What we know about the victims of the Atlanta shootings
One was a newlywed bride getting a massage with her husband. Another was an immigrant from China who proudly built her business from nothing. The youngest was 33. The oldest was 77.
In three deadly shootings Tuesday at Atlanta-area spas , eight people lost their lives, leaving behind family members, such as an infant daughter, and friends, including longtime customers.
Seven of the eight killed were women. Six people were of Asian descent. Two were White.
The alleged gunman, Robert Aaron Long, 21, was charged with eight counts of murder and one count of aggravated assault.
Here is what we know about those who died in the shootings.
– Xiaojie Tan.
Thursday would have been Xiaojie Tan’s 50th birthday.
Instead, Tan, of Kennesaw, Ga., was remembered by her friends who left flowers at her business, Young’s Asian Massage, the scene of a shooting that killed her and three others.
Tan, or Emily as she was known by some friends, was dedicated to her job and her daughter, a recent graduate from the University of Georgia.
Her daughter, Jami Webb, 29, told USA Today that her mother was her best friend.
“She did everything for me and for the family,” Webb told the newspaper. “She provided everything. She worked every day, 12 hours a day, so that me and our family would have a better life.”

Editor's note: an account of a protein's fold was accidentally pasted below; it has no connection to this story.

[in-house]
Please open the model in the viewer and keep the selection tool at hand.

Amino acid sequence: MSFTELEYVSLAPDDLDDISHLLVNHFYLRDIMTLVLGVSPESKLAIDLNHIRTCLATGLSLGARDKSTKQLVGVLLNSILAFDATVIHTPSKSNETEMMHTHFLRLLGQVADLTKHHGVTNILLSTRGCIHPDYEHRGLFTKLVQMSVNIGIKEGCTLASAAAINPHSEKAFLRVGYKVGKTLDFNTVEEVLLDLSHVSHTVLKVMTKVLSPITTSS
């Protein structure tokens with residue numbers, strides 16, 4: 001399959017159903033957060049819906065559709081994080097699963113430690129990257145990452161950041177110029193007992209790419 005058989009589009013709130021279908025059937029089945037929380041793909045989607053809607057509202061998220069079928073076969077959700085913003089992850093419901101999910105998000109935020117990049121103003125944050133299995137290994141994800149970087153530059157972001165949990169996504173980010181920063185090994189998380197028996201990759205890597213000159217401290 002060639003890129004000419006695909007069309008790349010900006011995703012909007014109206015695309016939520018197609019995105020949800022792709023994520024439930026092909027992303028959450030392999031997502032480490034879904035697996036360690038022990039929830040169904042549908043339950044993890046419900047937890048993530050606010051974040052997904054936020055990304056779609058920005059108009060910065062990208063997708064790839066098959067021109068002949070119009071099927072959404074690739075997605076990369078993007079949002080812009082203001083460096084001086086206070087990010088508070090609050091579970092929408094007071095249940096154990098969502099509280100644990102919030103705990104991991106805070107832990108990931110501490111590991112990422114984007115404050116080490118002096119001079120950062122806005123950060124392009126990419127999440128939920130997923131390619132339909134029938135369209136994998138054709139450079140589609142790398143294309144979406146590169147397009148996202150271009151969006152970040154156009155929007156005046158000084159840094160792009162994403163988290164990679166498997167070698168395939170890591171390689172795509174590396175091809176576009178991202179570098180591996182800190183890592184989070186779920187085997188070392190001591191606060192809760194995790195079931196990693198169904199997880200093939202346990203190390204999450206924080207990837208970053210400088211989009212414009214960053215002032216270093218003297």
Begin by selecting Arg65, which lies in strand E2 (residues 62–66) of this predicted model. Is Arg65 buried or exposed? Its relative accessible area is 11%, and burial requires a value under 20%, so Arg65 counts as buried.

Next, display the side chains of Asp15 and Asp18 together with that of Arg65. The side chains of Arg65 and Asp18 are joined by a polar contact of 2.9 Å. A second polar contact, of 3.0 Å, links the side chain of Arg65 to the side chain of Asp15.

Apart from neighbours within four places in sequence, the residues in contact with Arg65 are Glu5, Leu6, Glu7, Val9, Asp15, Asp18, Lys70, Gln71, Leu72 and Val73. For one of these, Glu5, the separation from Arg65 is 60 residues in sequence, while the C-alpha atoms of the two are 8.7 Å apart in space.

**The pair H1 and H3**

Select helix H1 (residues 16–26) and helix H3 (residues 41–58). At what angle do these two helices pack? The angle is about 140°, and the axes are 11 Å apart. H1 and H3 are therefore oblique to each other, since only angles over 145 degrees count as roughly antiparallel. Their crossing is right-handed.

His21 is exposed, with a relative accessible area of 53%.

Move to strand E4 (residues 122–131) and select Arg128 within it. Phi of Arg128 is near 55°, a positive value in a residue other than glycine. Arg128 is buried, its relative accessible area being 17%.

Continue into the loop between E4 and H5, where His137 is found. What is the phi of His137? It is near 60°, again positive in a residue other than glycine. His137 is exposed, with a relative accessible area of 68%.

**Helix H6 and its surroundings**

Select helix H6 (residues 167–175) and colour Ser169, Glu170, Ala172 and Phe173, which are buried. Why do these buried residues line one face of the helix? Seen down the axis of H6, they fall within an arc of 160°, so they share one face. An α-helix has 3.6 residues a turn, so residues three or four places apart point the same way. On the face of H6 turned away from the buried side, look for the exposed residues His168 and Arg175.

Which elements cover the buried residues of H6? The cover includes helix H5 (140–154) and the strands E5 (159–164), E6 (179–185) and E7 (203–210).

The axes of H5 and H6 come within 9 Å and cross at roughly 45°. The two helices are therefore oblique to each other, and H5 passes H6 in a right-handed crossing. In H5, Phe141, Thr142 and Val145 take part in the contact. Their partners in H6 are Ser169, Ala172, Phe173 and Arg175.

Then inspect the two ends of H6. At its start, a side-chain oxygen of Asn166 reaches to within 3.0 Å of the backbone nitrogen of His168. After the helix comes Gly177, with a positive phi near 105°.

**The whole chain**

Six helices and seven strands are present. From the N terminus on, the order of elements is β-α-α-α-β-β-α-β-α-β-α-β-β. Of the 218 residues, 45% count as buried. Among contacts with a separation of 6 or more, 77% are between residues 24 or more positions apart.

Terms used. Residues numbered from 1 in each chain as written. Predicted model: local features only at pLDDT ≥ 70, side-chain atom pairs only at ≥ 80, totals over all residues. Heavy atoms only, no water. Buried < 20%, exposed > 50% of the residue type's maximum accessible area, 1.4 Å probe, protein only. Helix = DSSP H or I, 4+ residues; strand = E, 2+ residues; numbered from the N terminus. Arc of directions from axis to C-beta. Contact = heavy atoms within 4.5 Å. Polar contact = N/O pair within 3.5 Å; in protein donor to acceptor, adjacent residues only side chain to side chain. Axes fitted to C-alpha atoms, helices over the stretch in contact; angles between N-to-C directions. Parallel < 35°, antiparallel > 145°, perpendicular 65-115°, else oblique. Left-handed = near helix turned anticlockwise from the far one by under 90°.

Webb and Tan’s ex-husband, Michael Webb, did not respond to requests for comment.
Tan sometimes hosted Lunar New Year and Fourth of July parties with food and fireworks at her spa, said friend and customer Greg Hynson, 54.
Hynson said they met six years ago.
“She was a very good friend, a kind, sweet person,” Hynson said.
Hynson said Tan’s business was unfairly stigmatized by some who associated her store with sex work.
“She was absolutely professional,” he said. “She cared about her job, she cared about her customers, she cared about her friends and family.”
After he heard about the shooting, Hynson rushed to the scene, shocked to see police cars.
“I can’t wrap my mind around it,” he said. “The kindest, sweetest people, gone. For what?”
At a two-story townhouse in Kennesaw listed in Tan’s name, neighbors who recalled her friendly nature said she moved out two years ago.